This site-specific, sound-art installation debuted in late 2019 and has been re-launched in the Bobst Library. Composed by Elizabeth Hoffman, the installation drew upon entry data from Bobst turnstiles—anonymized records of the number of persons who entered Bobst each hour on selected dates coinciding with the four lunar quarters of each month.
This exhibition is organized around Occupy Wall Street’s Declaration of the Occupation of New York City and thirteen exhibition themes, both of which point to central issues within the movement. While the Declaration was drafted by the Call to Action Working Group and ratified by the New York City General Assembly (NYCGA) on September 29, 2011, the themes were identified, authored, and presented by the curators of this exhibit.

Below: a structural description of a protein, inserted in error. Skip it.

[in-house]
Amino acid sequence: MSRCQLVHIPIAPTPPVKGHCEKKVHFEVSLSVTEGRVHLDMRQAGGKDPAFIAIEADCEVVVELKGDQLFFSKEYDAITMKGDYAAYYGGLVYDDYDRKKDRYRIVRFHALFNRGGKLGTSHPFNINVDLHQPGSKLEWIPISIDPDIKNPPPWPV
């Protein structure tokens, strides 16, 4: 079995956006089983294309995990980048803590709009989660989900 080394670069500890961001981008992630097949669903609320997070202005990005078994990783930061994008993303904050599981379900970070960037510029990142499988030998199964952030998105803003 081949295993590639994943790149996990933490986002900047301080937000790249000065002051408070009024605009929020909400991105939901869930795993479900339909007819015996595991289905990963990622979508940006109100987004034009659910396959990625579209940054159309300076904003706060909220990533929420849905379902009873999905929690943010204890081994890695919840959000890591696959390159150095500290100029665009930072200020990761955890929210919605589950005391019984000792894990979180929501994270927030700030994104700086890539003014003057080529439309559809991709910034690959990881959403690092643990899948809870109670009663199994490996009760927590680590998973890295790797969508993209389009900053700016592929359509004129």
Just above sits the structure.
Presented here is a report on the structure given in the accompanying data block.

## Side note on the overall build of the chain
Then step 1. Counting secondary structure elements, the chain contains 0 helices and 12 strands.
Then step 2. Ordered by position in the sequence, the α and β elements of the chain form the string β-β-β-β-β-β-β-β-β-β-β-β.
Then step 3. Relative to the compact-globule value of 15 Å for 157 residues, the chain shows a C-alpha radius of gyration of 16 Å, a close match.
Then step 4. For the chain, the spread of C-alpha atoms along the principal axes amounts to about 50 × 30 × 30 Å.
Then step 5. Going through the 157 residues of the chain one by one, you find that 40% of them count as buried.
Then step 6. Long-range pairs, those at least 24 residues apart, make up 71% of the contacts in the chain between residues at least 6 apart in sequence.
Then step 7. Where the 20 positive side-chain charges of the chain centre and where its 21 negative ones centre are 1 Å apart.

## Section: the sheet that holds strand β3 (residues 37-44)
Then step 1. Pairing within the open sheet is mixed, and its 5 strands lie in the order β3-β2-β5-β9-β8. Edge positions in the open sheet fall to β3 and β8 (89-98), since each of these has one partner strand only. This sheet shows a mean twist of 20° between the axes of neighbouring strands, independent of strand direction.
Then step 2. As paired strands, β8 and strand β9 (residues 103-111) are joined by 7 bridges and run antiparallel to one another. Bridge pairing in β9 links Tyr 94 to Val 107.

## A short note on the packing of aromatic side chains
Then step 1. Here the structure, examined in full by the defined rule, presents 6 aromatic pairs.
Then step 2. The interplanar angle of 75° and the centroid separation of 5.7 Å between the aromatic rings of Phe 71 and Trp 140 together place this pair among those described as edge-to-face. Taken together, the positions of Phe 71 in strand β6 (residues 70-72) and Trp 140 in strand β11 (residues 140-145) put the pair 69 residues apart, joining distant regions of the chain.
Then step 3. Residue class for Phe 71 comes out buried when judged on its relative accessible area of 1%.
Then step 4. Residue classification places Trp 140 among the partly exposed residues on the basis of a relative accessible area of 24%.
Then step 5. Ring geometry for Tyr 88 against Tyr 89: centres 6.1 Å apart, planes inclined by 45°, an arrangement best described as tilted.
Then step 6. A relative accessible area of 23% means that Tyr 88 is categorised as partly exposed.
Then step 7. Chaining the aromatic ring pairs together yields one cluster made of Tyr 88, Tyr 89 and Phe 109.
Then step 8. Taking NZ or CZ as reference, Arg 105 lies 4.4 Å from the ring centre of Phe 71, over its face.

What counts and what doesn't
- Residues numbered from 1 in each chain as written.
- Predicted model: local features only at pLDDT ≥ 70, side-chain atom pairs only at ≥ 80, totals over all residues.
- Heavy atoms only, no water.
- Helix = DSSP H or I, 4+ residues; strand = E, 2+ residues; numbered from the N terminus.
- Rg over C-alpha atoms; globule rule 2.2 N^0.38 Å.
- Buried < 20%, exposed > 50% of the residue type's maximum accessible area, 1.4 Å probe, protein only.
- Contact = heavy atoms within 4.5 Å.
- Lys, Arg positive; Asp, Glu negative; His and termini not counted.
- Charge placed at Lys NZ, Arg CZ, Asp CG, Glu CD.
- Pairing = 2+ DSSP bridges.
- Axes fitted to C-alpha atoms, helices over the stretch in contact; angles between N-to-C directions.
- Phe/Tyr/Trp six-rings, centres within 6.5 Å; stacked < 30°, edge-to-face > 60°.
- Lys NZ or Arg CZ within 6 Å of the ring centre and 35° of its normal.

Recent Exhibition History
Crafting Sustainable Futures: Collaborative Visions
March 21 - June 30, 2023
Mamdouha Bobst Gallery, Bobst Library, 1st Floor
Crafting Sustainable Futures: Collaborative Visions, is a show that creatively envisions a world that recognizes our shared responsibility for preserving the planet we all call home. This community showcase features artwork from NYU students, faculty, staff, and alumni that explores our interconnected existence and a positive ecological future. The artworks were inspired NYU Reads selections and *This Is Not A Drill*\ artworks, put in dialogue with topics of ecological sustainability, environmental justice, and the power of hope as we navigate the climate emergency.
The exhibition also features art by This Is Not A Drill (TINAD) 2022 Fellows Irene Mercadal, Richard Move, Pato Hebert, Tega Brain, and Karen Holmberg. Additionally, it shows new works coordinated by NYU’s Office of Sustainability, including “Stories of Climate Change” films and an installation by Graduate School of Arts and Science student Emma Bautista for the NYU 2040 Now initiative.